Rennie Gibbs, Pregnant at 15, Charged with Murdering her Stillborn Baby
A Mississippi woman is facing murder charges over the death of her stillborn child, and she is not alone.
The Guardian reports on the alarming trend towards criminalizing pregnant women, highlighting some of the many hundreds of cases across the nation in which women are being charged with shocking crimes under laws actually designed to protect them from abusive male partners.
One such woman, Rennie Gibbs, stands accused of murder and faces life in a Mississippi prison over the death of her stillborn child. Gibbs was 15 years old when she got pregnant. She lost her baby at 36 weeks. Prosecutors discovered she had a cocaine habit, and even though there was no evidence that her drug use had anything to do with her baby’s death they threw the book at her, charging her with a “depraved-heart murder.” If convicted, the crime carries a mandatory life sentence.
In neighboring Alabama, at least 40 women have been prosecuted under that state’s “chemical endangerment” law, which was enacted to protect children living in homes where methamphetamine was being cooked from dangerous fumes and explosions. But prosecutors have used the law against women who aren’t even meth-makers.
Amanda Kimbrough is one of them. The irony of it all is that Kimbrough is actually staunchly pro-life, and even when doctors advised her to consider an abortion because her fetus could possibly be born with Down’s syndrome, she insisted on giving birth. But her baby died minutes after being delivered by caesarean section, and six months later Kimbrough found herself under arrest for “chemical endangerment” due to allegations that she took drugs while pregnant. She vehemently denies this.
“That shocked me, it really did,” Kimbrough told the Guardian. “I had lost a child, that was enough.”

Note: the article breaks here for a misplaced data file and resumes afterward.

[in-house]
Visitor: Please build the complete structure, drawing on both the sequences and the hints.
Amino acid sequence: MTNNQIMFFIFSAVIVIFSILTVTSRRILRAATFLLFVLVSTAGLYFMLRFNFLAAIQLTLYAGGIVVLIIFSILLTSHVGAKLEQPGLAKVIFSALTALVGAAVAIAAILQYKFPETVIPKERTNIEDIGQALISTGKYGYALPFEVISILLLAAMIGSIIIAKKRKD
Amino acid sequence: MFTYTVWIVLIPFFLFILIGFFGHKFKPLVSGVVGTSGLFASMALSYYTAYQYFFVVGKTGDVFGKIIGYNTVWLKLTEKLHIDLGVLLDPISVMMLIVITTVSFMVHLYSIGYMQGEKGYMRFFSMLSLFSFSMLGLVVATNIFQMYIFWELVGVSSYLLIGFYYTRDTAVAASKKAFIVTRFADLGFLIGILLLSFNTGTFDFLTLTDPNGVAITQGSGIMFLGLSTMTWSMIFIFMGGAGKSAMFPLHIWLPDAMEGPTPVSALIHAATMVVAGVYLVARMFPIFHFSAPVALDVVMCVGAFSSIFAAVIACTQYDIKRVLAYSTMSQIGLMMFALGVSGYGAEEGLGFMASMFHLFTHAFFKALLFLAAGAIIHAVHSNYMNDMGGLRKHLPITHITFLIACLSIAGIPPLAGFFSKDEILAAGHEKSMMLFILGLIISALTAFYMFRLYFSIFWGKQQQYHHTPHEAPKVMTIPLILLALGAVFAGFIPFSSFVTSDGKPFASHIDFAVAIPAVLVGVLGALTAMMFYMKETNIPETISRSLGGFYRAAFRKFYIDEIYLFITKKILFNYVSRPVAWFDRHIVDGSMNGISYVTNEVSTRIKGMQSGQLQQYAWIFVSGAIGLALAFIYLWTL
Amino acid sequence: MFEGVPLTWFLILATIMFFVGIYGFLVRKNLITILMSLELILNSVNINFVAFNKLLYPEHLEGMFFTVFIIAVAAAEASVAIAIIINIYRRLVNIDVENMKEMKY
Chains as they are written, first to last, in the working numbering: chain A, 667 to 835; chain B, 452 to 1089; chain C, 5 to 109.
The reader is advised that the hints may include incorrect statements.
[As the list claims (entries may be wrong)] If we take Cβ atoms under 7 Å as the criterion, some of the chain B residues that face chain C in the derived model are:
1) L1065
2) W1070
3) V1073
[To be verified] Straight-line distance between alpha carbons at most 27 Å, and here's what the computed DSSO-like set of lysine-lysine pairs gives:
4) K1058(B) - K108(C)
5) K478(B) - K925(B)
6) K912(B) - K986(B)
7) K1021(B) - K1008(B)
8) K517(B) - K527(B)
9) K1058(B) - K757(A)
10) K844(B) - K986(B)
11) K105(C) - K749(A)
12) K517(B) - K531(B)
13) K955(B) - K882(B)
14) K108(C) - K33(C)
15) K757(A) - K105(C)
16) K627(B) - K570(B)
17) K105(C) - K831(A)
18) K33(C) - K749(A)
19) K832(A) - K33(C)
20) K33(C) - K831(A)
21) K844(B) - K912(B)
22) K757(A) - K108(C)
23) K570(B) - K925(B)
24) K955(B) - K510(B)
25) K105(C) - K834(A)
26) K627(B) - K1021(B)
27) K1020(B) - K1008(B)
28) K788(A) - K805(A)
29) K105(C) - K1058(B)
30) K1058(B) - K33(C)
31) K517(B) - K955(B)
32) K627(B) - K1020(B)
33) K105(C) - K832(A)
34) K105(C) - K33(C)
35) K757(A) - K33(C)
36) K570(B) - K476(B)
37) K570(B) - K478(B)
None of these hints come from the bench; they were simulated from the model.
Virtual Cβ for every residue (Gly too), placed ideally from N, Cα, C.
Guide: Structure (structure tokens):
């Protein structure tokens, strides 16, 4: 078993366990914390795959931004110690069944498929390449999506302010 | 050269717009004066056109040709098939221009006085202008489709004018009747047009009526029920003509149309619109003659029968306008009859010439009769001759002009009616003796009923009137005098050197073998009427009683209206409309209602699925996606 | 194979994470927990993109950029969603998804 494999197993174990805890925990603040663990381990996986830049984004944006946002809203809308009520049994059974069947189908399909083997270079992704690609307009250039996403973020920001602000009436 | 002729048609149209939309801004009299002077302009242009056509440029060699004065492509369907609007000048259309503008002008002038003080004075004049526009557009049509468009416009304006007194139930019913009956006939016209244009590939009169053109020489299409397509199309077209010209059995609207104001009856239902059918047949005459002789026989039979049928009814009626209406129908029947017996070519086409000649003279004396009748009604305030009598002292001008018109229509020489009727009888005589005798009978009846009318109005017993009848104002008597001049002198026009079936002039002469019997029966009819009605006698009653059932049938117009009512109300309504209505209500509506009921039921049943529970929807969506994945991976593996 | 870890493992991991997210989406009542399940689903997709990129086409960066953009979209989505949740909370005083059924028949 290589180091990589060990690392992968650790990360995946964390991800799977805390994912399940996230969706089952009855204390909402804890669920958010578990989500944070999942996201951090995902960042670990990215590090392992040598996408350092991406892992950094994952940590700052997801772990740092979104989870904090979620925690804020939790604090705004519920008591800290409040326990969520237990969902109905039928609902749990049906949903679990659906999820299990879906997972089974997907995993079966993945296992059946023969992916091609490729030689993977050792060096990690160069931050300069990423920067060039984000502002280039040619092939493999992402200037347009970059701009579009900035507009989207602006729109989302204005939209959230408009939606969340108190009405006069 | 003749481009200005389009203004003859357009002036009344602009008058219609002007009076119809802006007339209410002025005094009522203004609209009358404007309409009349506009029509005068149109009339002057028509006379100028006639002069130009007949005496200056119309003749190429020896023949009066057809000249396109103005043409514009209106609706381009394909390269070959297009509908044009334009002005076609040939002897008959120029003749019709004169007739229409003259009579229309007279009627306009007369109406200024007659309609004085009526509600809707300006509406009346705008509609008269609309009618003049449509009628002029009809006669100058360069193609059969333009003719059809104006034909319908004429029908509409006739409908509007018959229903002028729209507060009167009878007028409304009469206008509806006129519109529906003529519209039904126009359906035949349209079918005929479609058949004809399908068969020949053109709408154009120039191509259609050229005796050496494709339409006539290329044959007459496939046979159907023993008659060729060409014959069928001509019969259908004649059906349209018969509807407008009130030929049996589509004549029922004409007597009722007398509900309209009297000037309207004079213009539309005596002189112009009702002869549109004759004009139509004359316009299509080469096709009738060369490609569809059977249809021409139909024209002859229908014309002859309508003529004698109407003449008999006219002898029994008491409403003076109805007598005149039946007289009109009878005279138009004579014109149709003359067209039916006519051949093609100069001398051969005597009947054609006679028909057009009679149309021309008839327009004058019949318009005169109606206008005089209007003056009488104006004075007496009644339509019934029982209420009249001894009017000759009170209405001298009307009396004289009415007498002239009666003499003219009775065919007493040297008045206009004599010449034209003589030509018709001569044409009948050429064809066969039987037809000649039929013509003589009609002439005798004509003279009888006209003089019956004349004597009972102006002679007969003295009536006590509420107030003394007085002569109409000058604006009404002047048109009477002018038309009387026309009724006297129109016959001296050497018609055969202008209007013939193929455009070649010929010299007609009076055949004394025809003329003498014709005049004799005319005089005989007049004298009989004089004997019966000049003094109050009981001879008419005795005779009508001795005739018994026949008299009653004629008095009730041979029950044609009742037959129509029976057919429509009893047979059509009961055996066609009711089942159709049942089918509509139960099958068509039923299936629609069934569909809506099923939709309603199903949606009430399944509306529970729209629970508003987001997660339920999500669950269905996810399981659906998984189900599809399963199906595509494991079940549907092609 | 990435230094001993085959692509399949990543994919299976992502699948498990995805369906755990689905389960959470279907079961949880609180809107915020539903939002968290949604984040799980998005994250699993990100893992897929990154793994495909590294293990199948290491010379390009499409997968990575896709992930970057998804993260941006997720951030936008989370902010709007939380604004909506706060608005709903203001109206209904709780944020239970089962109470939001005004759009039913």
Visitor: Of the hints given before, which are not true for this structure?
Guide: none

Women’s rights advocates say that laws like these are evidence of an increasing criminalization of pregnant women, a sort of back-door attempt by anti-abortion forces to roll back hard-won reproductive rights. “Women are being stripped of their constitutional personhood and subjected to truly cruel laws,” Lynn Paltrow of the National Advocates for Pregnant Women (NAPW) told the Guardian.
In Mississippi, anti-abortion groups and some conservative politicians want to amend the state constitution to re-define the definition of a person to include a fetus from the moment of conception.
But fetal homicide laws, which exist in at least 38 states, were not intended to target would-be mothers, they were designed to protect those women and girls from abusive males. But women now find themselves victimized by the very laws that are meant to protect them. In South Carolina, for example, NAPW found only one instance in which fetal homicide law was applied against a man who assaulted a pregnant woman (and that case was thrown out), compared to as many as 300 women who have been arrested for something they were accused of doing during the course of their pregnancy.
The misuse of fetal homicide and chemical endangerment laws also demonstrates the ignorance of those who would make murderers out of women and girls who suffer from the disease of addiction. In an amicus brief filed in support of Rennie Gibbs, a group of psychologists argue that Gibbs’s cocaine use was not the result of a “depraved heart,” but rather “to satisfy an acute psychological and physical need” for cocaine.
And worse, perhaps, is the irony of increased abortions by woman looking to avoid criminal prosecution in the event their baby dies. “Prosecuting women and girls for continuing [a pregnancy] to term despite a drug addiction encourages them to terminate unwanted pregnancies to avoid criminal penalties,” the amicus brief asserts. “The state could not have intended this result when it adopted the homicide statute.”
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